If you're storing account records in a table other than accounts, you'll want to specify the appropriate table prefix when generating new migrations:

$ rails generate rodauth:migration base active_sessions --prefix user

# Add the following to your Rodauth configuration:
#   accounts_table :users
#   active_sessions_table :user_active_session_keys
#   active_sessions_account_id_column :user_id
# db/migration/*_create_rodauth_user_base_active_sessions.rb
class CreateRodauthUserBaseActiveSessions < ActiveRecord::Migration
  def change
    create_table :users do |t| ... end
    create_table :user_active_session_keys do |t| ... end

You can change the default migration name:

$ rails generate rodauth:migration email_auth --name create_account_email_auth_keys
# db/migration/*_create_account_email_auth_keys.rb
class CreateAccountEmailAuthKeys < ActiveRecord::Migration
  def change
    create_table :account_email_auth_keys do |t| ... end


The rodauth-model gem provides a Rodauth::Model mixin that can be included into the account model, which defines a password attribute and associations for tables used by enabled authentication features.

class Account < ActiveRecord::Base # Sequel::Model
  include Rodauth::Rails.model # or `Rodauth::Rails.model(:admin)`
# setting password hash
account = Account.create!(email: "user@example.com", password: "secret123")
account.password_hash #=> "$2a$12$k/Ub1I2iomi84RacqY89Hu4.M0vK7klRnRtzorDyvOkVI.hKhkNw."

# clearing password hash
account.password = nil
account.password_hash #=> nil

# associations
account.remember_key #=> #<Account::RememberKey> (record from `account_remember_keys` table)
account.active_session_keys #=> [#<Account::ActiveSessionKey>,...] (records from `account_active_session_keys` table)

Multiple configurations

If you need to handle multiple types of accounts that require different authentication logic, you can create new configurations for them. This is done by creating new Rodauth::Rails::Auth subclasses, and registering them under a name.

# app/misc/rodauth_app.rb
class RodauthApp < Rodauth::Rails::App
  configure RodauthMain          # primary configuration
  configure RodauthAdmin, :admin # secondary configuration

  route do |r|
    r.rodauth         # route primary rodauth requests
    r.rodauth(:admin) # route secondary rodauth requests

    if request.path.start_with?("/admin")
# app/misc/rodauth_admin.rb
class RodauthAdmin < Rodauth::Rails::Auth
  configure do
    # ... enable features ...
    prefix "/admin"
    session_key_prefix "admin_"
    remember_cookie_key "_admin_remember" # if using remember feature

    # search views in `app/views/admin/rodauth` directory
    rails_controller { Admin::RodauthController }
# app/controllers/admin/rodauth_controller.rb
class Admin::RodauthController < ApplicationController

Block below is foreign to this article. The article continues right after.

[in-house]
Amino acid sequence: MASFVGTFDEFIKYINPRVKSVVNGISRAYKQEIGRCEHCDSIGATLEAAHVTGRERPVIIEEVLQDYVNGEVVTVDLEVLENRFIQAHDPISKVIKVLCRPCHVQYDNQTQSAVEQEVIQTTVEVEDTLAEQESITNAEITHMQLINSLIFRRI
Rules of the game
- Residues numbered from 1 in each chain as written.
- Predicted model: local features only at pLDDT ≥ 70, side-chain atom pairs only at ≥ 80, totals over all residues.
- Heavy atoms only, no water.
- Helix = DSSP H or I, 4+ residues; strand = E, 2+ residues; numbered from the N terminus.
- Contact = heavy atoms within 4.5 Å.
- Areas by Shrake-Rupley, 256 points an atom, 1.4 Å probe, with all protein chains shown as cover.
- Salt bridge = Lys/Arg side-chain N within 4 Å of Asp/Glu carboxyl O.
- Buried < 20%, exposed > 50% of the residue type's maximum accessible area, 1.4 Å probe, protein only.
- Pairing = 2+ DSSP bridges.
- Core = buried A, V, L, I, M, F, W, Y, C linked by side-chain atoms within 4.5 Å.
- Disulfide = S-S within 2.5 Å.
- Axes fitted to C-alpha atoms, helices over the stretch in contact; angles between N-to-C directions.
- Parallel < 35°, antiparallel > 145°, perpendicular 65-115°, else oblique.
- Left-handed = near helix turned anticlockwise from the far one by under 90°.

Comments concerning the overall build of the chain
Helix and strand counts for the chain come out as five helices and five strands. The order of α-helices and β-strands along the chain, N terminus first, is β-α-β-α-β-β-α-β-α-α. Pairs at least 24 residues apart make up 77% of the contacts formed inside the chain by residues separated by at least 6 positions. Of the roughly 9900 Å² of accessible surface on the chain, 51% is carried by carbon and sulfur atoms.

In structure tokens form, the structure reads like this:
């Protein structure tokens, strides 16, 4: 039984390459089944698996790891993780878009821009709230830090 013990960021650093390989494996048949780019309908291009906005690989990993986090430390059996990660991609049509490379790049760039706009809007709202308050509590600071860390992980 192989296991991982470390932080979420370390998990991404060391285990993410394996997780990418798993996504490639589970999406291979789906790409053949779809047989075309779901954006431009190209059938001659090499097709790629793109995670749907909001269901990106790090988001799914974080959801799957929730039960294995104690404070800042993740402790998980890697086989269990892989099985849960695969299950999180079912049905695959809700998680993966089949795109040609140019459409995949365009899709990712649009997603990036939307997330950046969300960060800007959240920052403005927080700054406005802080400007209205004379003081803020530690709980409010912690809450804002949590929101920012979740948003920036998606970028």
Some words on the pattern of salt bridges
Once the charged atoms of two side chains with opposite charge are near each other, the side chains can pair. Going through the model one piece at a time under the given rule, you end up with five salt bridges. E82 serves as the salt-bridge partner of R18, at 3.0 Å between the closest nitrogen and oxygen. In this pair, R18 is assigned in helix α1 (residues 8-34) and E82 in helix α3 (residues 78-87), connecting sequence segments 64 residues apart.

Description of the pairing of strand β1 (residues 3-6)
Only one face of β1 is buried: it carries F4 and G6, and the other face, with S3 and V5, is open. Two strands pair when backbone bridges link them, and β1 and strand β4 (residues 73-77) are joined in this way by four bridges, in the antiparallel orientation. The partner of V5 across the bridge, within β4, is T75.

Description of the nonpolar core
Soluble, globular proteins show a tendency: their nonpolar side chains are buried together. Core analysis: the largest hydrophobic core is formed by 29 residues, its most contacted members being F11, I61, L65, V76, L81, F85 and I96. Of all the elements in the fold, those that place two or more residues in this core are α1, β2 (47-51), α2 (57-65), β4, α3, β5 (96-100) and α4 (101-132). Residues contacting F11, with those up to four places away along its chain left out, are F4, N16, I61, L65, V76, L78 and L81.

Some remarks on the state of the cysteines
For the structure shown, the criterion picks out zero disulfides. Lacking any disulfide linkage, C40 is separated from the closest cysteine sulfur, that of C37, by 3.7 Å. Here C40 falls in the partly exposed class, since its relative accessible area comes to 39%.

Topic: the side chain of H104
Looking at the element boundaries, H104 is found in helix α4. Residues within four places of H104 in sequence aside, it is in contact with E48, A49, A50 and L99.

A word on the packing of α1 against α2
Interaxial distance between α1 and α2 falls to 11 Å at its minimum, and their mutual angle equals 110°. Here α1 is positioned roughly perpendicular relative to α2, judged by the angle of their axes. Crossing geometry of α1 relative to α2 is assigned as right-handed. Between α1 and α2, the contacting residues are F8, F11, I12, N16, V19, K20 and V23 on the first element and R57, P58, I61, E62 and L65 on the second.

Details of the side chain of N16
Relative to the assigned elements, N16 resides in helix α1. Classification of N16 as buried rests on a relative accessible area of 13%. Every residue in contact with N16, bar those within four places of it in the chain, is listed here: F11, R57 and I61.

Then in your application you can reference the secondary Rodauth instance:

rodauth(:admin).authenticated? # checks "admin_account_id" session value
rodauth(:admin).login_path #=> "/admin/login"

You'll likely want to save the information of which account belongs to which configuration to the database, see this guide on how you can do that. Note that you can also share configuration via inheritance.

Outside of a request

The internal_request and path_class_methods features are supported, with defaults taken from config.action_mailer.default_url_options.

# internal requests
RodauthApp.rodauth.create_account(login: "user@example.com", password: "secret123")
RodauthApp.rodauth(:admin).verify_account(account_login: "admin@example.com")

# path and URL methods
RodauthApp.rodauth.close_account_path #=> "/close-account"
RodauthApp.rodauth(:admin).otp_setup_url #=> "http://localhost:3000/admin/otp-setup"

Calling instance methods

If you need to access Rodauth methods not exposed as internal requests, you can use Rodauth::Rails.rodauth to retrieve the Rodauth instance (this requires enabling the internal_request feature):

account = Account.find_by!(email: "user@example.com")
rodauth = Rodauth::Rails.rodauth(account: account) #=> #<RodauthMain::InternalRequest ...>

rodauth.compute_hmac("token") #=> "TpEJTKfKwqYvIDKWsuZhkhKlhaBXtR1aodskBAflD8U"
rodauth.open_account? #=> true
rodauth.two_factor_authentication_setup? #=> true
rodauth.password_meets_requirements?("foo") #=> false
rodauth.locked_out? #=> false

In addition to the :account option, the Rodauth::Rails.rodauth method accepts any options supported by the internal_request feature.

# main configuration
Rodauth::Rails.rodauth(env: { "HTTP_USER_AGENT" => "programmatic" })
Rodauth::Rails.rodauth(session: { two_factor_auth_setup: true })

# secondary configuration
Rodauth::Rails.rodauth(:admin, params: { "param" => "value" })

Using as a library

Rodauth offers a Rodauth.lib method for when you want to use it as a library (via internal requests), as opposed to having it route requests. This gem provides a Rodauth::Rails.lib counterpart that does the same but with Rails integration:

# skip require on boot to avoid inserting Rodauth middleware
gem "rodauth-rails", require: false
# app/misc/rodauth_main.rb
require "rodauth/rails"
require "sequel/core"

RodauthMain = Rodauth::Rails.lib do
  enable :create_account, :login, :close_account